The battle for the women’s vote helped shape Tuesday night’s debate between President Obama and Republican challenger Mitt Romney, pushing issues such as equal pay for women and access to contraception to the forefront of the closely fought race.
Commentators and social media sites seized on Romney’s claim that he had sought and received “binders full of” female job candidates after being elected governor of Massachusetts and learning that his advisers were recommending mostly men for cabinet-level positions.
But while Romney’s supporters praised the anecdote as evidence that their candidate values diversity, his critics denounced him for not addressing the disparity in pay between women and men, and for singling out women executives — and not their male counterparts — as needing flexible work hours in order to take care of their responsibilities at home.
And while the president cited child-care tax credits as a factor in determining whether women can “go out there and earn a living for their family,” he was quick to add: “These are not just women’s issues. These are family issues. These are economic issues. And one of the things that makes us grow as an economy is when everybody participates and women are getting the same fair deal as men are.”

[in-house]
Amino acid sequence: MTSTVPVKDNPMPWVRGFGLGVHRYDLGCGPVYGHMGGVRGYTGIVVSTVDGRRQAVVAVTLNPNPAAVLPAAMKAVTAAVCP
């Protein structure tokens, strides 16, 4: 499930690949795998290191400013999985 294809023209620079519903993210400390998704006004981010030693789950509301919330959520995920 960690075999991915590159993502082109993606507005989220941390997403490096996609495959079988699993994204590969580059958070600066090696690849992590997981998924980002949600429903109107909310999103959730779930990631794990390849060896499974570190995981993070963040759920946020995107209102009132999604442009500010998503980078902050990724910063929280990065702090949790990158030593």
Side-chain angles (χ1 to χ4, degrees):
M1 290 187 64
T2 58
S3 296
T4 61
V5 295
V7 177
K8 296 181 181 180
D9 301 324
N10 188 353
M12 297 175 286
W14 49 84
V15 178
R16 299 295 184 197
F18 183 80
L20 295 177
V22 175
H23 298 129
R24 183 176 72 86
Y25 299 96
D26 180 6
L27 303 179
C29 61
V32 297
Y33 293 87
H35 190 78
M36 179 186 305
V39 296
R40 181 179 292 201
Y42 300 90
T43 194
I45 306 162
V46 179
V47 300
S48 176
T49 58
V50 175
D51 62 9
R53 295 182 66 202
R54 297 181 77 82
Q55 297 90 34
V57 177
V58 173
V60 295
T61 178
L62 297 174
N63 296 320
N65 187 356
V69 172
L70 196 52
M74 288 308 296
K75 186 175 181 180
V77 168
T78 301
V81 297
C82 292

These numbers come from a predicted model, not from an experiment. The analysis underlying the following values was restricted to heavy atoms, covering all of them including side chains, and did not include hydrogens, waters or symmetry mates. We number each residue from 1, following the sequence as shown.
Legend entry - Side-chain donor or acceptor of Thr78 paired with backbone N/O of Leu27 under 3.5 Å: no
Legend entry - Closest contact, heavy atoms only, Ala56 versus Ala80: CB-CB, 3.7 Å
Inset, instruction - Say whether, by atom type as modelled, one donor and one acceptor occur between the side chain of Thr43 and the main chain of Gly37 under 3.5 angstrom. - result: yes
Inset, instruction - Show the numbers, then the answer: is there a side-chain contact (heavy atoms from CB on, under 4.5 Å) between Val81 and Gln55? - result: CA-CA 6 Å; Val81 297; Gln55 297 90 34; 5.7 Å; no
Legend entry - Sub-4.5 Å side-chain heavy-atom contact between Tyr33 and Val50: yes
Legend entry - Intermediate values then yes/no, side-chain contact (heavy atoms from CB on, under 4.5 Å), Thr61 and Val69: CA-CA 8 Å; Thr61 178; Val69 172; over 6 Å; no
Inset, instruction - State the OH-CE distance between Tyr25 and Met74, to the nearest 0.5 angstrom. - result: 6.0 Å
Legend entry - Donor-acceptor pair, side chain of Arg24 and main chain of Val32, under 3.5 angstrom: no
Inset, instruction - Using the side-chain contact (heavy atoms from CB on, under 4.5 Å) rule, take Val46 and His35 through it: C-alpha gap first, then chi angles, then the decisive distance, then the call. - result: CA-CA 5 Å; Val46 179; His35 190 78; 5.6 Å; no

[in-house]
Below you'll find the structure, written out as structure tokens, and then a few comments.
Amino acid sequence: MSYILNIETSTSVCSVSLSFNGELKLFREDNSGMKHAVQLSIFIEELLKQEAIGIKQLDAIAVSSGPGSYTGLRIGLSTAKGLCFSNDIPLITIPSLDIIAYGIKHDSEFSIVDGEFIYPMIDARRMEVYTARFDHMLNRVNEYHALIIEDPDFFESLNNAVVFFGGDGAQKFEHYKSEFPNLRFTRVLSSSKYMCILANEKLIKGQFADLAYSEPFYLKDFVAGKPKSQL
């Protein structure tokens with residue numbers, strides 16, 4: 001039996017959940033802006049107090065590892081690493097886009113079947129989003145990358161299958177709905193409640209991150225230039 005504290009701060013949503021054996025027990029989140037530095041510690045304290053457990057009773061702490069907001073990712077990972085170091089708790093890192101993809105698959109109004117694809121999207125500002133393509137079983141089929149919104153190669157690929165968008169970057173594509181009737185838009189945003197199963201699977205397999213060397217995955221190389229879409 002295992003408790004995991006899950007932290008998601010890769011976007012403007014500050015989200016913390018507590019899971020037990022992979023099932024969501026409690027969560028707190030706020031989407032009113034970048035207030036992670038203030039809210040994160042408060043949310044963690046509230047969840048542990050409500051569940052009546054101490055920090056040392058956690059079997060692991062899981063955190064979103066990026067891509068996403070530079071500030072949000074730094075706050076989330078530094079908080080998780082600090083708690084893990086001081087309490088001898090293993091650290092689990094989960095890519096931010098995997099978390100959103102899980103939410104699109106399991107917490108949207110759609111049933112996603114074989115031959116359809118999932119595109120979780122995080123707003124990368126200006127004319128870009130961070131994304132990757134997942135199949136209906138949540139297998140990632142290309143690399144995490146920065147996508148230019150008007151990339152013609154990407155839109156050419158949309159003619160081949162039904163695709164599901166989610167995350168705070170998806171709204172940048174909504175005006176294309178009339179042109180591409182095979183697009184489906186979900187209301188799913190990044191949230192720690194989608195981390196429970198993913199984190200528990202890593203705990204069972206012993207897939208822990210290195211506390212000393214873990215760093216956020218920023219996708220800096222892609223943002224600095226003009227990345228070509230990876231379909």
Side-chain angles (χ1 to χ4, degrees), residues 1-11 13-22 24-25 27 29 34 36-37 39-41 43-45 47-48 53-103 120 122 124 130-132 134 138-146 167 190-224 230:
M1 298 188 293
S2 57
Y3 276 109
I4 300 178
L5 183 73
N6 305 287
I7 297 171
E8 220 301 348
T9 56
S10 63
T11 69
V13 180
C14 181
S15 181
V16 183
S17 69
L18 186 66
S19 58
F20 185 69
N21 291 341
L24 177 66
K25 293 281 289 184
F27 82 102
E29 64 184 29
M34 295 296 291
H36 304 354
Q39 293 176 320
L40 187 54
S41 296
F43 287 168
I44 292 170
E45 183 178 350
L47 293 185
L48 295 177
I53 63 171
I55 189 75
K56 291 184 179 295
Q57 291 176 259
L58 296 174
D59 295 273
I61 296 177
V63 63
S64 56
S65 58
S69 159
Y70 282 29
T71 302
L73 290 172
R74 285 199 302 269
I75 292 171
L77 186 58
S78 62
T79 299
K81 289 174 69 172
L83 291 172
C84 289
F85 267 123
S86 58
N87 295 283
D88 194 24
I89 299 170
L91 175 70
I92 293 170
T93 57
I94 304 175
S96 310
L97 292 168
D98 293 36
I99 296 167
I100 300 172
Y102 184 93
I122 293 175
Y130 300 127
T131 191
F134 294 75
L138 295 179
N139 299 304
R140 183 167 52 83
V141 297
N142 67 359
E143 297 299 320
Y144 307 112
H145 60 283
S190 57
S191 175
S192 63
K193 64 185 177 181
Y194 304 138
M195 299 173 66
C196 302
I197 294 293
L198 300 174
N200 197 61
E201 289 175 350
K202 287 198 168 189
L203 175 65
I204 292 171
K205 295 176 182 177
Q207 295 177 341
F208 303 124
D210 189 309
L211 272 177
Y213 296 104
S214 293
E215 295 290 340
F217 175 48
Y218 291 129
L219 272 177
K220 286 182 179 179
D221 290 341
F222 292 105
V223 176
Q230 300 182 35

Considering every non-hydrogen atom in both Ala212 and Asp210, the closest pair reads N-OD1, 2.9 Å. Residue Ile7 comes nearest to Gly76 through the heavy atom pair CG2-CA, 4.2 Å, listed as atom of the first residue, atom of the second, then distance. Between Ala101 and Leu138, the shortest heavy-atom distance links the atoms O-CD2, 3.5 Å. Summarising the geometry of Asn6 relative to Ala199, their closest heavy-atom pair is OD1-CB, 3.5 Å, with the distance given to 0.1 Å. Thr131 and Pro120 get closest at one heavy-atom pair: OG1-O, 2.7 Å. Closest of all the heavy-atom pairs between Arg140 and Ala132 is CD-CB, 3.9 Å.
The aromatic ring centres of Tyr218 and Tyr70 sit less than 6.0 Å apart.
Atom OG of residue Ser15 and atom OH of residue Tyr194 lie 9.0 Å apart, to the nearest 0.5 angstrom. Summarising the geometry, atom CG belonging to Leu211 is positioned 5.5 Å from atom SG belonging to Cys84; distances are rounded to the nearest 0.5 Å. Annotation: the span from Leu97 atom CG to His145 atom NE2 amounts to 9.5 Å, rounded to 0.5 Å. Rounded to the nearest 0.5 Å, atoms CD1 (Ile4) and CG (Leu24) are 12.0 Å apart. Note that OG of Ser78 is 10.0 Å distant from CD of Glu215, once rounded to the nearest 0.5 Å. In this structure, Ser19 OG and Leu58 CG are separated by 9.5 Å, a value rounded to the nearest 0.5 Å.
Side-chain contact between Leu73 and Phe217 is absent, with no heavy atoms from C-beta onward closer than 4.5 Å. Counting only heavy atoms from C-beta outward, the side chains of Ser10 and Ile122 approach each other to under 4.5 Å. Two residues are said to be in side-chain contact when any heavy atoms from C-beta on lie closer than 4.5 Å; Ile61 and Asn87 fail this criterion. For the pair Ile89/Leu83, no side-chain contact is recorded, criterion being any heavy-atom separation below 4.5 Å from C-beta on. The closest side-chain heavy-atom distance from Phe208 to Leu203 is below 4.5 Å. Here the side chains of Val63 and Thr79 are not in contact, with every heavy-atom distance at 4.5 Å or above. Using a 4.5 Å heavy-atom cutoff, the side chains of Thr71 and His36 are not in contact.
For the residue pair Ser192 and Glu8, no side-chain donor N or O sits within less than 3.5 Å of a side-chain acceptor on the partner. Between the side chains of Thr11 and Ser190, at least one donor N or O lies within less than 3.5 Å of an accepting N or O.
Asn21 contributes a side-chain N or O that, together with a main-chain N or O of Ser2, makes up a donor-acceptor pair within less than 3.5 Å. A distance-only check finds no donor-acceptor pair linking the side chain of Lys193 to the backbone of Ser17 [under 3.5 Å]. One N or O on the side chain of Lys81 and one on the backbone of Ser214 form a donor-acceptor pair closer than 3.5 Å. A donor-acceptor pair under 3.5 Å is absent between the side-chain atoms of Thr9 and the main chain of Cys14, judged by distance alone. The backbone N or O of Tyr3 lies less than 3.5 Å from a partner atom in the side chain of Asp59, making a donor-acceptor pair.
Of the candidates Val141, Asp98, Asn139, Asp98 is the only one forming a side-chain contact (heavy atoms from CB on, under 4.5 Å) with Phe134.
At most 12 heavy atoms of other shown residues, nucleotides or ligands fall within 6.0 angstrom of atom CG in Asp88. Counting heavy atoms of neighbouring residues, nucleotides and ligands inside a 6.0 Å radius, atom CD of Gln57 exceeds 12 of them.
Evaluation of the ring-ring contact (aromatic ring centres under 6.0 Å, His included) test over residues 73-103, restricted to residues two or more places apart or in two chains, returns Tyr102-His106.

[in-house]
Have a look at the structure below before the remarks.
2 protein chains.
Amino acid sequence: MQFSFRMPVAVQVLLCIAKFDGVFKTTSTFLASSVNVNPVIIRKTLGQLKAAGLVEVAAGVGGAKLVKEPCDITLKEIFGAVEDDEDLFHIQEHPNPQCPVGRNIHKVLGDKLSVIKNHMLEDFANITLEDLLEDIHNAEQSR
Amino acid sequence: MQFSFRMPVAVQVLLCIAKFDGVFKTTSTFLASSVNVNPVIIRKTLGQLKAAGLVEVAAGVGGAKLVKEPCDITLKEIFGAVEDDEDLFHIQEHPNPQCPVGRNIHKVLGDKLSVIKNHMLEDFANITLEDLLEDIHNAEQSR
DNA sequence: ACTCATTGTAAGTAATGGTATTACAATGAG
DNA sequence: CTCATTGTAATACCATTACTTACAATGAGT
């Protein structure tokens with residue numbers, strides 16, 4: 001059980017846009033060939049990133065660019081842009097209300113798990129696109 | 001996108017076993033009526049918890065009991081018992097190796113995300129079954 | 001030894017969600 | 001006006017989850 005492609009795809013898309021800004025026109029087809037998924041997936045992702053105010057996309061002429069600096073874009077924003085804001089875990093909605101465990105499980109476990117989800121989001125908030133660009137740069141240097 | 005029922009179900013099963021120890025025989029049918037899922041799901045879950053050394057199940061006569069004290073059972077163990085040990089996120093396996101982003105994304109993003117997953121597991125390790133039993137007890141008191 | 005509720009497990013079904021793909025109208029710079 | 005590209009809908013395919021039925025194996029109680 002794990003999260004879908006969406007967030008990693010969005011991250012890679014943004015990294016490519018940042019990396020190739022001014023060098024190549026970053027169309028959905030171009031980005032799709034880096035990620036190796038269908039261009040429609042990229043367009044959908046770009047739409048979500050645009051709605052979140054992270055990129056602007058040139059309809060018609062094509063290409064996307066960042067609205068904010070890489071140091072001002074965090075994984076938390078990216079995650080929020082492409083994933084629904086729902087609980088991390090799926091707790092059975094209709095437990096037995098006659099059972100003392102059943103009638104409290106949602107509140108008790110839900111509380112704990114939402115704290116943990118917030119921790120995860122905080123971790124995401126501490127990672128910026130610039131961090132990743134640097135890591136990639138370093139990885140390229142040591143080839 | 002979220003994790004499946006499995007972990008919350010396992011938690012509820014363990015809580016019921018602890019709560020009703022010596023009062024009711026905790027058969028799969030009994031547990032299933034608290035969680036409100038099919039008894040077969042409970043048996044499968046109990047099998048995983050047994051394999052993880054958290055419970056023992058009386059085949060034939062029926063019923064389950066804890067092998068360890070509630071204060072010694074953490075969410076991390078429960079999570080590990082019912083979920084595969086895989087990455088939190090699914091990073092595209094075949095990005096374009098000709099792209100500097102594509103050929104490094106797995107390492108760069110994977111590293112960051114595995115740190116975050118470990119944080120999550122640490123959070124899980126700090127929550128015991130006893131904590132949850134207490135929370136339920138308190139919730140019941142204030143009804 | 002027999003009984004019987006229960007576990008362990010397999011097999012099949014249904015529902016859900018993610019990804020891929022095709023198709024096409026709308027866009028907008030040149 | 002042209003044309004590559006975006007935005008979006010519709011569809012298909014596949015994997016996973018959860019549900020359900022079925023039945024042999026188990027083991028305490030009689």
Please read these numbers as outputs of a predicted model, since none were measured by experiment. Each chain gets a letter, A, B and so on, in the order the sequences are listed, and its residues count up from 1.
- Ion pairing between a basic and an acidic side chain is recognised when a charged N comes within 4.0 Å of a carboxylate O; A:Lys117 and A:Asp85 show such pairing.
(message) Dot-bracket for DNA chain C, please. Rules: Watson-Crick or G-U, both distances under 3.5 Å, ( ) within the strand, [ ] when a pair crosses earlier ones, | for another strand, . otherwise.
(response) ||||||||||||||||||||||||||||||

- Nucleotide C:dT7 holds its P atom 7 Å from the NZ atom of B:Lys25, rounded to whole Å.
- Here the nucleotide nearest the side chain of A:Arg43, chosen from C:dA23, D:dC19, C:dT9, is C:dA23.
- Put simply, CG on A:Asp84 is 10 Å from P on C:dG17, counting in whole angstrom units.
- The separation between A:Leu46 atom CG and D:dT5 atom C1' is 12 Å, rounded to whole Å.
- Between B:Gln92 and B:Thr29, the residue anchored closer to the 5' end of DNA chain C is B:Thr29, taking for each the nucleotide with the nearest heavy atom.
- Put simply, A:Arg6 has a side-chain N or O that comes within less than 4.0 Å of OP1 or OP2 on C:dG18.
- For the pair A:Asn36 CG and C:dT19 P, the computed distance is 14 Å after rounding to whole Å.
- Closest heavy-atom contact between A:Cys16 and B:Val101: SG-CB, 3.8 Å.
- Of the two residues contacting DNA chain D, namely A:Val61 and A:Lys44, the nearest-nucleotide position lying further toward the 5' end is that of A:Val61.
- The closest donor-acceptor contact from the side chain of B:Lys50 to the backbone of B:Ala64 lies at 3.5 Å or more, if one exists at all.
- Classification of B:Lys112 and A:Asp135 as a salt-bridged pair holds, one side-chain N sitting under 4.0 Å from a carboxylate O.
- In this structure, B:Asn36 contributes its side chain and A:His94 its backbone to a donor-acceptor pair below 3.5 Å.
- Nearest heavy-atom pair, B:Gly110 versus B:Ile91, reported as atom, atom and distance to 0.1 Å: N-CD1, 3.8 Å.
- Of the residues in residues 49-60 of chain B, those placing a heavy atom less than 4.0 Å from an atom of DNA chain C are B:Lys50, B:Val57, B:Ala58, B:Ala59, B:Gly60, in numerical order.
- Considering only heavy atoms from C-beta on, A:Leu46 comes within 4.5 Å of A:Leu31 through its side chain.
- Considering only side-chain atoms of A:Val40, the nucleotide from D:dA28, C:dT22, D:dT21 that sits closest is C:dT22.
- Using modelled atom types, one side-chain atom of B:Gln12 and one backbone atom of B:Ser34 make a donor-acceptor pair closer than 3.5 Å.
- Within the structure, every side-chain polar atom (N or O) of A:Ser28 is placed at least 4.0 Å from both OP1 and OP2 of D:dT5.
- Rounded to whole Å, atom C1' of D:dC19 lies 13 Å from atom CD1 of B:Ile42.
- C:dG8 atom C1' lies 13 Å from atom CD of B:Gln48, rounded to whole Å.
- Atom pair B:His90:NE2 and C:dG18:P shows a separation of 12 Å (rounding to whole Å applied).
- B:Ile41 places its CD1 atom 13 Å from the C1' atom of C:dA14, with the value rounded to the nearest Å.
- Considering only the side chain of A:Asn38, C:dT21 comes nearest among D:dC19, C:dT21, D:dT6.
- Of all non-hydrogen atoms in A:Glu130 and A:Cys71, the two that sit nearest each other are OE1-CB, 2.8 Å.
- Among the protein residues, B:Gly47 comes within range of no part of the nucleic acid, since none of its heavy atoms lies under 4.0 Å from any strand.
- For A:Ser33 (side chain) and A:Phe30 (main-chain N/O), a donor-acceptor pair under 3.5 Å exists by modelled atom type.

Vice President Biden, interviewed after the debate on CBS, questioned Romney’s assertion that women job candidates could be hard to find, saying he had “never had any problem when there is a job opening having as many women apply as men.”
The Washington Post
Posted: Wednesday, 17 October 2012